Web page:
[swift-evolution] Allowing `guard let self = self else { ... }` for weakly captured self in a closure.

Jacob Bandes-Storch jtbandes at gmail.com
Tue Jan 5 22:34:07 CST 2016

Yes, it seems to use the strong shadowing variable. (The compiler doesn't
complain about "self.foo", and "self?.foo" becomes invalid because self is
no longer optional.)

If it weren't so useful, I'd call it a bug.

On Tue, Jan 5, 2016 at 8:34 PM, Greg Parker <gparker at apple.com> wrote:

> Does further use of self after that actually use a strong shadowing
> variable? Or does it go back to the weak reference it already had as if the
> shadow were not there?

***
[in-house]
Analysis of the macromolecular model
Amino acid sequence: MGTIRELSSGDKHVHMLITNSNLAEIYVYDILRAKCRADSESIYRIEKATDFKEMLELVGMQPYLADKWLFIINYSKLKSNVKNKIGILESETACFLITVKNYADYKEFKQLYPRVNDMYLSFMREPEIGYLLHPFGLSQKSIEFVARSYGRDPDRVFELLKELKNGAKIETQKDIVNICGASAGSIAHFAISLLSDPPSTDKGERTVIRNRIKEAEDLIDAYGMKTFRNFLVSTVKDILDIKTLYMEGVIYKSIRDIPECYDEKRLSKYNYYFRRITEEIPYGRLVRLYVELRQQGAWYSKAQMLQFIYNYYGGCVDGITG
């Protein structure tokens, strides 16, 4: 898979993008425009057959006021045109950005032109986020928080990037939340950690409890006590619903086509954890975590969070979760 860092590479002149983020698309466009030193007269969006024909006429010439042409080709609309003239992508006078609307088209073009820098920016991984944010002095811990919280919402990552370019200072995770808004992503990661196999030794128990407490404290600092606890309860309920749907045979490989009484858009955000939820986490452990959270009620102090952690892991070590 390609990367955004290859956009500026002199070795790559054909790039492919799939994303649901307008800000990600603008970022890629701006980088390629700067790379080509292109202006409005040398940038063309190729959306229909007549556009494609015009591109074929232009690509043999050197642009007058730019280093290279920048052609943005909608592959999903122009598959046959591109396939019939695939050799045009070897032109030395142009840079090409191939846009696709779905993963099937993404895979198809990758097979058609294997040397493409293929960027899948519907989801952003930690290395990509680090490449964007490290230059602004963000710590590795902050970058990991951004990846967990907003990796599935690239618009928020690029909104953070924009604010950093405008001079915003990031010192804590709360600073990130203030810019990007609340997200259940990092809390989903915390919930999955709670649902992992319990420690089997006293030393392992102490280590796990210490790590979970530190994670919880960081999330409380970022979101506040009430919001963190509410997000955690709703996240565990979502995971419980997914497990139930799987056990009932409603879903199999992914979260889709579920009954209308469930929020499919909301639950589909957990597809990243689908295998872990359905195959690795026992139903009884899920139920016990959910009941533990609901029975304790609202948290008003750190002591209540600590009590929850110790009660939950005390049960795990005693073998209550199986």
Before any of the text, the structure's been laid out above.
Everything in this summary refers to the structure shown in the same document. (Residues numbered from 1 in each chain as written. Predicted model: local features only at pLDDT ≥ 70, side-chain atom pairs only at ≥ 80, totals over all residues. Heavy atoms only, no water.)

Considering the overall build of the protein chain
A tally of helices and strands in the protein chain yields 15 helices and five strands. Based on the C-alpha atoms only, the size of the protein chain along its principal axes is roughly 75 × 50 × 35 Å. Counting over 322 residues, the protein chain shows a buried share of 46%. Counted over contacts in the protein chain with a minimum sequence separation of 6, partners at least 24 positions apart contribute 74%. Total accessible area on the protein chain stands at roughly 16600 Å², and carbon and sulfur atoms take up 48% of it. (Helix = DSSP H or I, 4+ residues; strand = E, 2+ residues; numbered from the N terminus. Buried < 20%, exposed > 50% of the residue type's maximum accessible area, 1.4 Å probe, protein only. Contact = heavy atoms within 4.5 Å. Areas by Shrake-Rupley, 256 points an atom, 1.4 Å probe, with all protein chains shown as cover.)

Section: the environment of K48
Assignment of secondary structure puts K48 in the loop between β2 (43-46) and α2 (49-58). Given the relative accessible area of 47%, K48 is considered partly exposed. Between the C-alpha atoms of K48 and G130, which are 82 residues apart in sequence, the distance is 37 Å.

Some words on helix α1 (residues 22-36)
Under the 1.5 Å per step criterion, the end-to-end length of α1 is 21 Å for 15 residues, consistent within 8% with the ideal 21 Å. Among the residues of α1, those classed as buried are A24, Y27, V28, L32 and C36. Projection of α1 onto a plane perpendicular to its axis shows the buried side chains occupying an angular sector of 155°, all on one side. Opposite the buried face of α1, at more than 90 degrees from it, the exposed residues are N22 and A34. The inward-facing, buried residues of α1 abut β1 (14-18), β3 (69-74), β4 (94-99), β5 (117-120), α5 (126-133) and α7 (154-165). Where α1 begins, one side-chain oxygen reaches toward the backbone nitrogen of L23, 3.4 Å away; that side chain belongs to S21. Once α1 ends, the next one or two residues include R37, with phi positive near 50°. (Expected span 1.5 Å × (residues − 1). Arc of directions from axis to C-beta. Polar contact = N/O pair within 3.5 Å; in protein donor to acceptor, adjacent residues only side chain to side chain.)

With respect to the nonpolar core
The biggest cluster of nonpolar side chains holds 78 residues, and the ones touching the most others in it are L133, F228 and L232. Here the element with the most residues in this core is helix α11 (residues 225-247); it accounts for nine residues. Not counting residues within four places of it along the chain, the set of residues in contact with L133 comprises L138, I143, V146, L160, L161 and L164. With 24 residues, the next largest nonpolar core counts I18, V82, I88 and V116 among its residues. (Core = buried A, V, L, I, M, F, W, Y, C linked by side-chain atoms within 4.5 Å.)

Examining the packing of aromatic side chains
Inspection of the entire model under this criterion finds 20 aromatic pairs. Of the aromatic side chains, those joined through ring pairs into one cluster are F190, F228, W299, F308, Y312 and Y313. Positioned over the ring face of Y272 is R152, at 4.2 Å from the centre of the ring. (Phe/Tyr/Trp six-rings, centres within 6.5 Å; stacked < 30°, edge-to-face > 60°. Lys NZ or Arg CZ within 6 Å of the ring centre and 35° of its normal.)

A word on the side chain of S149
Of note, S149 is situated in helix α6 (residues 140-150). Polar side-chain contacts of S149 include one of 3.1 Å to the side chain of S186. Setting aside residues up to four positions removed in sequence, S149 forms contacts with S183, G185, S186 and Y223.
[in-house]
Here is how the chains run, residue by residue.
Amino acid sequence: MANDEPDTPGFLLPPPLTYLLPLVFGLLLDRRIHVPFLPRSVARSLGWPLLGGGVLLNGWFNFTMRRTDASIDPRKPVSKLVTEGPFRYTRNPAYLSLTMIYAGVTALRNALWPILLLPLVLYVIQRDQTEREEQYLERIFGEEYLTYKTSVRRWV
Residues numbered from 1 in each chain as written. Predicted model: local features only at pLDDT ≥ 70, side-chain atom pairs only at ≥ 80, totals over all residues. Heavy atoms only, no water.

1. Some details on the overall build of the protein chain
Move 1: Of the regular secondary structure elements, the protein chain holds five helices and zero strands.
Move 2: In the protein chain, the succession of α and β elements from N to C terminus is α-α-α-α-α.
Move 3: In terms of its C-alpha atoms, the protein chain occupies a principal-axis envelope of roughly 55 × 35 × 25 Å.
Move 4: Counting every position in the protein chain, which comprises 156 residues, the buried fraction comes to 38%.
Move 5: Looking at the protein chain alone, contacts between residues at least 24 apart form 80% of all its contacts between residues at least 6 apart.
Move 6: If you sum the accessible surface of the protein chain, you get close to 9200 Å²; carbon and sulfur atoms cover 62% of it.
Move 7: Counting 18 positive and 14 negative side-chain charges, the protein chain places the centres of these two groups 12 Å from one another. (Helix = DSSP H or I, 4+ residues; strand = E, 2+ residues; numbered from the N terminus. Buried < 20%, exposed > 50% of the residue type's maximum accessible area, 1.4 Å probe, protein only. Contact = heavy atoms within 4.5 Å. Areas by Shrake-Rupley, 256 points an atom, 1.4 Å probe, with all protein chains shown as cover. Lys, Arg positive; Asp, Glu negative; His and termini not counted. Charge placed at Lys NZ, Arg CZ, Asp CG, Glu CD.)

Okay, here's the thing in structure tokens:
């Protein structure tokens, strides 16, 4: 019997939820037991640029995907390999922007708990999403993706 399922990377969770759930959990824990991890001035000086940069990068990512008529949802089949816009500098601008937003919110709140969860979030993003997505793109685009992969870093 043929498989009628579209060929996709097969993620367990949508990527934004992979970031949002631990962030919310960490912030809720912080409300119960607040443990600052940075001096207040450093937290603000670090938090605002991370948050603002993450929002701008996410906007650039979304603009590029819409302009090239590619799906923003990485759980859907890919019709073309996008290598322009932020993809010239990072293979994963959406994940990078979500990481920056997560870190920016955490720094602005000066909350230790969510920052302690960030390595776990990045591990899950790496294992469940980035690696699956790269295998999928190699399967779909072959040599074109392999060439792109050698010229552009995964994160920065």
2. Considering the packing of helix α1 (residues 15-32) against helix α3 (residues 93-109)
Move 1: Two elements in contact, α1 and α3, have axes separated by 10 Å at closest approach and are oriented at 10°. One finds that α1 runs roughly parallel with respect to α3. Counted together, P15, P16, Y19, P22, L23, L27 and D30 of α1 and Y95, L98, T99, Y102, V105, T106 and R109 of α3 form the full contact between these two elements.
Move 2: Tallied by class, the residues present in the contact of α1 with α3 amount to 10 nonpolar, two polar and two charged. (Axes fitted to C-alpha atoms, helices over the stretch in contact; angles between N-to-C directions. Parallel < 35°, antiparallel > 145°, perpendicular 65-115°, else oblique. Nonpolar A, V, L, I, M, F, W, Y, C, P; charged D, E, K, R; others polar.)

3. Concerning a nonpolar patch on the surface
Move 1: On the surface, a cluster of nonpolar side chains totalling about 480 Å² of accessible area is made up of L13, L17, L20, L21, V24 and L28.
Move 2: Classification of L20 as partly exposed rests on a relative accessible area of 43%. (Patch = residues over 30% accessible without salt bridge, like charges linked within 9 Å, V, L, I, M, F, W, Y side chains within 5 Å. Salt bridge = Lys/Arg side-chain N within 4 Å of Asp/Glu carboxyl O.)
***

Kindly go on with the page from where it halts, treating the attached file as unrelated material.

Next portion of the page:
> On Jan 5, 2016, at 8:26 PM, Jacob Bandes-Storch via swift-evolution <
> swift-evolution at swift.org> wrote:
> Wow! I didn't know that worked. It's a bit surprising, and perhaps not
> intended. I think the proposal is still valid.
> On Tue, Jan 5, 2016 at 8:21 PM, Christopher Rogers <
> christorogers at gmail.com> wrote:
>> You can shadow self with a guard like you wrote it if use the keyword
>> escaping backquotes like so:
>> guard let `self` = self else { return }
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